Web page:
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The tech improved asthma symptoms and caregiver quality of life but increased healthcare use.
Healthcare providers may integrate sensor-based inhalers into their workflows to improve medication adherence and support children with asthma.
The inhalers, which leverage Bluetooth sensors that attach to participants’ inhalers to detect medication use and share data with physicians, could proactively detect worsening of asthma symptoms.
“As a result, this may enable healthcare providers to intervene more rapidly — before patients become critically ill — and improve communication between patients, caregivers and asthma providers,” the press release said.
Investigators from Northwestern and Lurie Children’s in Chicago randomly assigned caregiver and children dyads to receive inhaler sensors that allowed for caregiver and clinician electronic monitoring of medications. The 252 children enrolled had moderate or persistent asthma and were recruited from five clinics. Those included in the study were four to 17 years old, had a prescription for daily ICS for at least one year before enrollment per medical record or parent report, and had at least one exacerbation requiring oral corticosteroids the year before trial enrollment. Of the children, 24% were non-Hispanic White, 23% were non-Hispanic Black, and 40% were Hispanic, while 60% were on public insurance.
Participants in the intervention group received Propeller Health’s FDA-cleared inhaler sensors for ICS and SABAs medications that allowed caregivers through an app, and clinicians through a Web portal, to track the child’s SABA and daily ICS use. The app also had personalized insights, educational content, encouragement, surveys, and care team services. Sensors monitored inhaled medication use and captured date, time, and number of uses.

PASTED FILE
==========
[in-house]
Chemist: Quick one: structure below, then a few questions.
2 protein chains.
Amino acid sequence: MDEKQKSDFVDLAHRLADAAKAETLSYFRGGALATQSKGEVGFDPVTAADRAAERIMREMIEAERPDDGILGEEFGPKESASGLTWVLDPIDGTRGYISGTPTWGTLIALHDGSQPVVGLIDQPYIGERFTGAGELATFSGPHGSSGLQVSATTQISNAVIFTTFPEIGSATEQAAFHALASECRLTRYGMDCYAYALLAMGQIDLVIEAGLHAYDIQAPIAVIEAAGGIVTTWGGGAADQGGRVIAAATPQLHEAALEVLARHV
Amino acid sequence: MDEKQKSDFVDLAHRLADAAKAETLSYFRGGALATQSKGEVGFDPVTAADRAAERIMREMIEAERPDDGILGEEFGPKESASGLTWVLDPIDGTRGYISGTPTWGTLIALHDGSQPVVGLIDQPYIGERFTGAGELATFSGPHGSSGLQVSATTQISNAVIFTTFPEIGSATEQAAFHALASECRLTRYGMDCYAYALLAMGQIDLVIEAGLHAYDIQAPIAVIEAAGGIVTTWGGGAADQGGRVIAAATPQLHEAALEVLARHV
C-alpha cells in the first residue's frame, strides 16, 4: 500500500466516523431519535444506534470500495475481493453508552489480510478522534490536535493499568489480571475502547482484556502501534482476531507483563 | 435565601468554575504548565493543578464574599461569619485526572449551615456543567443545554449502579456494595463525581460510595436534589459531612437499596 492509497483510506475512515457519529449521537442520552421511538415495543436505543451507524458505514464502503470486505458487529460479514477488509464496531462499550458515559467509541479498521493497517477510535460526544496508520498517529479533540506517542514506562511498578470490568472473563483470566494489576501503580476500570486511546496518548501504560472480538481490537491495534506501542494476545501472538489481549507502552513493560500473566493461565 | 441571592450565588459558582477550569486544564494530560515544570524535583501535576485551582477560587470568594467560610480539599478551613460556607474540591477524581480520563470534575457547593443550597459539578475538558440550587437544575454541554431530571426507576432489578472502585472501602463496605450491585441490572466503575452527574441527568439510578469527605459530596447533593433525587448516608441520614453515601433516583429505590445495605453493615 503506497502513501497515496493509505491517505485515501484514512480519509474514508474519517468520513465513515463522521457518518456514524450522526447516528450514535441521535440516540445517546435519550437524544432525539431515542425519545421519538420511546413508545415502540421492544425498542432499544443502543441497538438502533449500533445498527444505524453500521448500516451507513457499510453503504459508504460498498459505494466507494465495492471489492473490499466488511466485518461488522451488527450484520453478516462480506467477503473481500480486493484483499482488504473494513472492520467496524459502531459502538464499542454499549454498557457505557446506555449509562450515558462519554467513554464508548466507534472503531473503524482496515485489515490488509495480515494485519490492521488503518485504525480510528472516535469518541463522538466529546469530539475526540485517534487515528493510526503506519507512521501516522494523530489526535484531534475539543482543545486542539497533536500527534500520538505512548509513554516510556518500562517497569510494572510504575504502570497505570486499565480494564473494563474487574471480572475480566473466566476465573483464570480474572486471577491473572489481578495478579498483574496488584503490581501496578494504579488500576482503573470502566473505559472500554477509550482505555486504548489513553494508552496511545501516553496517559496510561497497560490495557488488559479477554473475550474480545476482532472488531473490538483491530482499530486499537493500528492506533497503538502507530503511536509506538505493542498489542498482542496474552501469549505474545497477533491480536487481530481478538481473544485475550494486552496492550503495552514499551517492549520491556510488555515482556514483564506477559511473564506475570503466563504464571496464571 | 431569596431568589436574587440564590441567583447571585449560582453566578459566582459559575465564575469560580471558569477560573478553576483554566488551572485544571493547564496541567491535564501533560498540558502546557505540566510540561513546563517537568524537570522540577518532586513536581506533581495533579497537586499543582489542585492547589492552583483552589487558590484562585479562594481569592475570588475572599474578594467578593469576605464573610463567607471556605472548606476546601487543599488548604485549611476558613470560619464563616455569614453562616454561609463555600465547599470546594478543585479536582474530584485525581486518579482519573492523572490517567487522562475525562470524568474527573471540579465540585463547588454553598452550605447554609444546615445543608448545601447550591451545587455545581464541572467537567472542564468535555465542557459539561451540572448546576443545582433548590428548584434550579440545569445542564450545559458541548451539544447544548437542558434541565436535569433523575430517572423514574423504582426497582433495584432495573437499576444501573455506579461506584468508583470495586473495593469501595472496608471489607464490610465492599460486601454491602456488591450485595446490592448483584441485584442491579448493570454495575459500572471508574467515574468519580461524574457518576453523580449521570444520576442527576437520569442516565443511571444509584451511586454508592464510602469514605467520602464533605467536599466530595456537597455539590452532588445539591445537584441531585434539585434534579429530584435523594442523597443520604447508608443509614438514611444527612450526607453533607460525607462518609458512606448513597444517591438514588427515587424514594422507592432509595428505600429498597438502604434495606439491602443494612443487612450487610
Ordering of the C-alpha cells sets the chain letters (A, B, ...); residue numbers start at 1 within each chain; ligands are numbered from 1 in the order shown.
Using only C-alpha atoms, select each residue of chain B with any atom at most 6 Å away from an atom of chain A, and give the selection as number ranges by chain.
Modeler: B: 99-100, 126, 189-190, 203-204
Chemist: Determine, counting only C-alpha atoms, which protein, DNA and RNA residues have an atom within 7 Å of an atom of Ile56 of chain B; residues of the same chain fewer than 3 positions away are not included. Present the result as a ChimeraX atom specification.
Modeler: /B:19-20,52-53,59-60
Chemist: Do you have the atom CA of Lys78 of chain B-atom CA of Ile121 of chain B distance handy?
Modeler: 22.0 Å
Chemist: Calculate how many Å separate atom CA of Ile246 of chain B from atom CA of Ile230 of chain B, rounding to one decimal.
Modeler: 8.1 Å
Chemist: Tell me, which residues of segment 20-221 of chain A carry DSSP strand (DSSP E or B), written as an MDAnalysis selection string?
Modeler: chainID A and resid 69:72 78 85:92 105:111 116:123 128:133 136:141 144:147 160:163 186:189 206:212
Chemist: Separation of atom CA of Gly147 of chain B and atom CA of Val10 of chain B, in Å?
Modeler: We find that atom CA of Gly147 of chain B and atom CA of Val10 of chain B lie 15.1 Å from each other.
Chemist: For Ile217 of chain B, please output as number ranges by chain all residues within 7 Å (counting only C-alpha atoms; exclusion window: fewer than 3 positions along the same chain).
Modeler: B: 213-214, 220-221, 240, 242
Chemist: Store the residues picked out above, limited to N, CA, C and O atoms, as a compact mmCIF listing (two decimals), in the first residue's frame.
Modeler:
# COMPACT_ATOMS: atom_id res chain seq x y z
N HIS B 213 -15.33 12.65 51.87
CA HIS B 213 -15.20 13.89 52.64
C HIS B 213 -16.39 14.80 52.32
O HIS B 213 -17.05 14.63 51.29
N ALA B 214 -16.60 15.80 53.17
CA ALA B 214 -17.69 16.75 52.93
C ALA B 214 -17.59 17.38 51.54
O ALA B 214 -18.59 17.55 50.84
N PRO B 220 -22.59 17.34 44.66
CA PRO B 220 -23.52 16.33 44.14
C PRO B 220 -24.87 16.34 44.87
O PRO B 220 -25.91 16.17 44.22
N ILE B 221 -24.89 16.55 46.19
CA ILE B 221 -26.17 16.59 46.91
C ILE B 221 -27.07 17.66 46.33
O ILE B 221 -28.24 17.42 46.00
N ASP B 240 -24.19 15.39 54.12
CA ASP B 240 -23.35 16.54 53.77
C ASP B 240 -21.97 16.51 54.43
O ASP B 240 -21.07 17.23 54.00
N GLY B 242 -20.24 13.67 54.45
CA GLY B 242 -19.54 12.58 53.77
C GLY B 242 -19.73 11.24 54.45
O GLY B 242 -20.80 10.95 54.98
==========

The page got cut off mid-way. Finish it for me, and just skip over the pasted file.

The children were evaluated based on an Asthma Control Test questionnaire. The questionnaire measured the child’s asthma symptom control on a scale from 0 (poor control) to 27 (well-controlled). Over the course of the study, average scores among the intervention increased by 10.1%. The greatest improvements were among non-Hispanic Black participants. E intervention group than in control at all time points (baseline, three months, six months, nine months, and 12 months).
The adjusted mean Asthma Control Test scores significantly increased from 19.1 to 21.8 among the intervention group and from 19.4 to 19.9 among the control group at 12 months after baseline.
Caregivers who participated in the randomized-controlled clinical trial were assessed based on a Pediatric Asthma Caregiver’s Quality of Life questionnaire. The questionnaire measured how the sensor-based monitoring adherence affected their day-to-day involvement with their child’s care. Overall, caregivers reported improvement to their quality of life after the first month of the study. Quality of life was sustained through the year-long trial due to greater ease of asthma management.
While the technology improved asthma symptom control and caregiver quality of life, it did not reduce healthcare use. The intervention group experienced significantly higher 12-month rates of asthma-related hospitalizations and emergency department visits compared to the control group. That may be because intervention participants had increased access to providers due to alerts that triggered provider calls when children had more than four SABA uses per day. Additionally, increased asthma awareness and knowledge might have led to increased vigilance of clinically concerning asthma symptoms.
"This study is another clear example that digital health is here to stay, as it allows for us to stay connected to patients living with chronic disease, provide a level of automated watchfulness, and intercept disease in a timely manner," said Deneen Vojta, M.D., chief physician executive for Optum Labs, part of UnitedHealth Group. "This is a terrific example of moving from the best care out there today to the best care possible."
The study, "Sensor-Based Electronic Monitoring for Asthma: A Randomized Controlled Trial," was published online in the journal Pediatrics.